YouTube plans on releasing an application specifically developed for children. The free YouTube Kid app will be available starting end of February.
In December of last year, YouTube officially stated that there is a plan to create child-safe versions of the Web giant’s most loved products. The aim of this new application is to create a smartphone experience that is child-appropriate. Android users will be able to download this feature starting Feb. 23. There is still no information regarding iOS availability.
The YouTube Kid is developed for smartphone and tablet usage and will include original material from DreamWorks TV, Jim Henson TV, Mother Goose Club, Talking Tom and Friends etc. The young users will also have access to National Geographic Kids programs, Reading Rainbow and Thomas the Tank Engine.
Reading Rainbow’s LeVar Burton commented on this recent new feature, saying that he’s excited to see that “YouTube Kids is making this commitment to give families a safe environment to spark curiosity while still entertaining.”
Michelle Sullivan, National Geographic Kids’ Vice President of Digital stated that their number one interest is for children (of all ages) to get to enjoy together with their parents the available playlists, in hope of stimulating their curiosity for learning and exploring.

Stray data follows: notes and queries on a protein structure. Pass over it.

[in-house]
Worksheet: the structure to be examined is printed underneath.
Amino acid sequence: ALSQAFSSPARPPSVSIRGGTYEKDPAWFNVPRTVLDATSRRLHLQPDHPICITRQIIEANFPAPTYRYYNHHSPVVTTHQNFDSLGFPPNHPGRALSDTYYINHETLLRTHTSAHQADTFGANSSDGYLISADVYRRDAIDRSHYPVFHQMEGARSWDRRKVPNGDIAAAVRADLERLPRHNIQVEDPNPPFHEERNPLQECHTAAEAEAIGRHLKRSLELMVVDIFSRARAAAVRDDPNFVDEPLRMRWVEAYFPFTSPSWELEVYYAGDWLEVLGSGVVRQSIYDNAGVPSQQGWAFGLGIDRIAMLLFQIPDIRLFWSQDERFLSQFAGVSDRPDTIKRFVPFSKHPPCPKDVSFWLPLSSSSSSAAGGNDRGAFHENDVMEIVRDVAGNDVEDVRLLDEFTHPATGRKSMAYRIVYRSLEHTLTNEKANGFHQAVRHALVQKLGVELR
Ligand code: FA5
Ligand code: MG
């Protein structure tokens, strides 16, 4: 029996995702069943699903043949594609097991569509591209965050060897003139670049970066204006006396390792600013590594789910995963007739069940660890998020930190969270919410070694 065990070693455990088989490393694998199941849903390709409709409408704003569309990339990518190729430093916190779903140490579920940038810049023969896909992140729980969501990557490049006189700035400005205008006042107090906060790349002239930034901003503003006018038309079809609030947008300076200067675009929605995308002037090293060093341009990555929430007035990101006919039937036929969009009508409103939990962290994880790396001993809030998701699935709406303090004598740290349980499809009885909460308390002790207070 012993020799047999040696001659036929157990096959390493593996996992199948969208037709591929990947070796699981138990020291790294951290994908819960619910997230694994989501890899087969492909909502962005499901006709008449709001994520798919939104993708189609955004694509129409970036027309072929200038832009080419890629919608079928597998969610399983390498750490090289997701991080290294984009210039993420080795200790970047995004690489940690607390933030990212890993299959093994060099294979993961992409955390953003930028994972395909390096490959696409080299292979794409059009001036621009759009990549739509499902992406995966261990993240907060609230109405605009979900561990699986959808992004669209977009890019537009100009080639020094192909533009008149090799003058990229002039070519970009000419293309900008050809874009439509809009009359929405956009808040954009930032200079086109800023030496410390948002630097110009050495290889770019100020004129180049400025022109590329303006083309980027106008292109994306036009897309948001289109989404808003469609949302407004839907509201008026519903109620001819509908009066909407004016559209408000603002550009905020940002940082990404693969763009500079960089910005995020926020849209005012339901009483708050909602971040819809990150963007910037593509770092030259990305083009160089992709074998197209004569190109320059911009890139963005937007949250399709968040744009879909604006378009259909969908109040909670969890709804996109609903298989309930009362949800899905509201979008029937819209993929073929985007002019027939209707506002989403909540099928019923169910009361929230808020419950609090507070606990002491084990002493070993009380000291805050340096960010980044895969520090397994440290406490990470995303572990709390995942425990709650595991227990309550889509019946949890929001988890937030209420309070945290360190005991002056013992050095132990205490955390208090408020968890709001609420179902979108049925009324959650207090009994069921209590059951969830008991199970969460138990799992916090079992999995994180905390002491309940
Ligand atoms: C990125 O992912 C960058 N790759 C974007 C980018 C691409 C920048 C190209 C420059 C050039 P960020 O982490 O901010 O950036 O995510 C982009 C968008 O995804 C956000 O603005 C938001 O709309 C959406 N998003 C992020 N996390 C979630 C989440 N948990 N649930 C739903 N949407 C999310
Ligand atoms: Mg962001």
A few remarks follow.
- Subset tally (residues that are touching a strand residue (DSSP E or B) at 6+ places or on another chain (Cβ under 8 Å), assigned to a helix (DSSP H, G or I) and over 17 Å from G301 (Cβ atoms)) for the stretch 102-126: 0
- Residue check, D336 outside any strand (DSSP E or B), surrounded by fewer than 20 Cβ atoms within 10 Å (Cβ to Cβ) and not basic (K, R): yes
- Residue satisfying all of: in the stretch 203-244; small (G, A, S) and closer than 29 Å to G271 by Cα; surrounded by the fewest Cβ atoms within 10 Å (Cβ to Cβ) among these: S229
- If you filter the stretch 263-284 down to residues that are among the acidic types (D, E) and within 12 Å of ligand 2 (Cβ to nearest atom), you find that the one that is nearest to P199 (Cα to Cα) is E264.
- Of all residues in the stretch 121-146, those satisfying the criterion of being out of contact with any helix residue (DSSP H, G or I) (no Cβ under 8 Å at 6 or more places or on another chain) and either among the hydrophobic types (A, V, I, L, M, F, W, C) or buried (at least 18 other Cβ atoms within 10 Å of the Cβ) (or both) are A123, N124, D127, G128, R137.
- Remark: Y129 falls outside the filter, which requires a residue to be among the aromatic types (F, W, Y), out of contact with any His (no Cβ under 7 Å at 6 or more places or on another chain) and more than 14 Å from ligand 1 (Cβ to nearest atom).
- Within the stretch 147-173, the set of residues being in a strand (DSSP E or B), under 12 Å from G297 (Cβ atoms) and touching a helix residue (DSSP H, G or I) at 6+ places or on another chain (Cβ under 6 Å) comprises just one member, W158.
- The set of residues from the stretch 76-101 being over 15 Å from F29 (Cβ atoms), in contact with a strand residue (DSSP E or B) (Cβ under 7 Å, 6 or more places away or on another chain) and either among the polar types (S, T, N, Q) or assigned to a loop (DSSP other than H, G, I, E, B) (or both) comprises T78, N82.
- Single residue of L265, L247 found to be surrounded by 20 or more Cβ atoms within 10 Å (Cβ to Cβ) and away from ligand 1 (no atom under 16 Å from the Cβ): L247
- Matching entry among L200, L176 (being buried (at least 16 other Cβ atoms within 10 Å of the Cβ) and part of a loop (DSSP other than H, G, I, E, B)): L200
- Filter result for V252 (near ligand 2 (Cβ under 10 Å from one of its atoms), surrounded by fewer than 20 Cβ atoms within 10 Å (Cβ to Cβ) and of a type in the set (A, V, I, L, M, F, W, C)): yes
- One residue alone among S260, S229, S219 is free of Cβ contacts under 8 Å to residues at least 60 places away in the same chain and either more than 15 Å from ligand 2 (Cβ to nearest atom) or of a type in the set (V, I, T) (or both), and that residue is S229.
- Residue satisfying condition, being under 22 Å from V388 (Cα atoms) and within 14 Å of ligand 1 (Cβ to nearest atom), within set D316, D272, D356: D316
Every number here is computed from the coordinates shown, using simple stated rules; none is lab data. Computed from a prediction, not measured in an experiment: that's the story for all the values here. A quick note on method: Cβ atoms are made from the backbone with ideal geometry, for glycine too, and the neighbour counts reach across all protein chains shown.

Channels and playlists will be divided into four categories: Explore Show, Music and Learning. Users will also be able to search various topics and the app will show them various videos on that specific subject.
It is expected Malik Ducard, YouTube executive, to give additional information regarding this new app during a keynote at the Kidscreen Summit that will take place on Monday, Feb. 23.
The application will also include parental control, giving parents various options such as setting a timer in order to control the amount of time the little user spends on the service.
Google is another company that decided to act in accordance to the Children’s Online Privacy Protection Act (COPPA), according to which websites need to ask for parental consent before allowing child users under 13 access to certain information.
Twitter also decided to explore the child-focused app industry and released Vine Kids, a subcategory of Vine (now owned by Twitter). Vine Kids offers a wide range of animated videos created specifically for younger audience.
Image Source: USA Today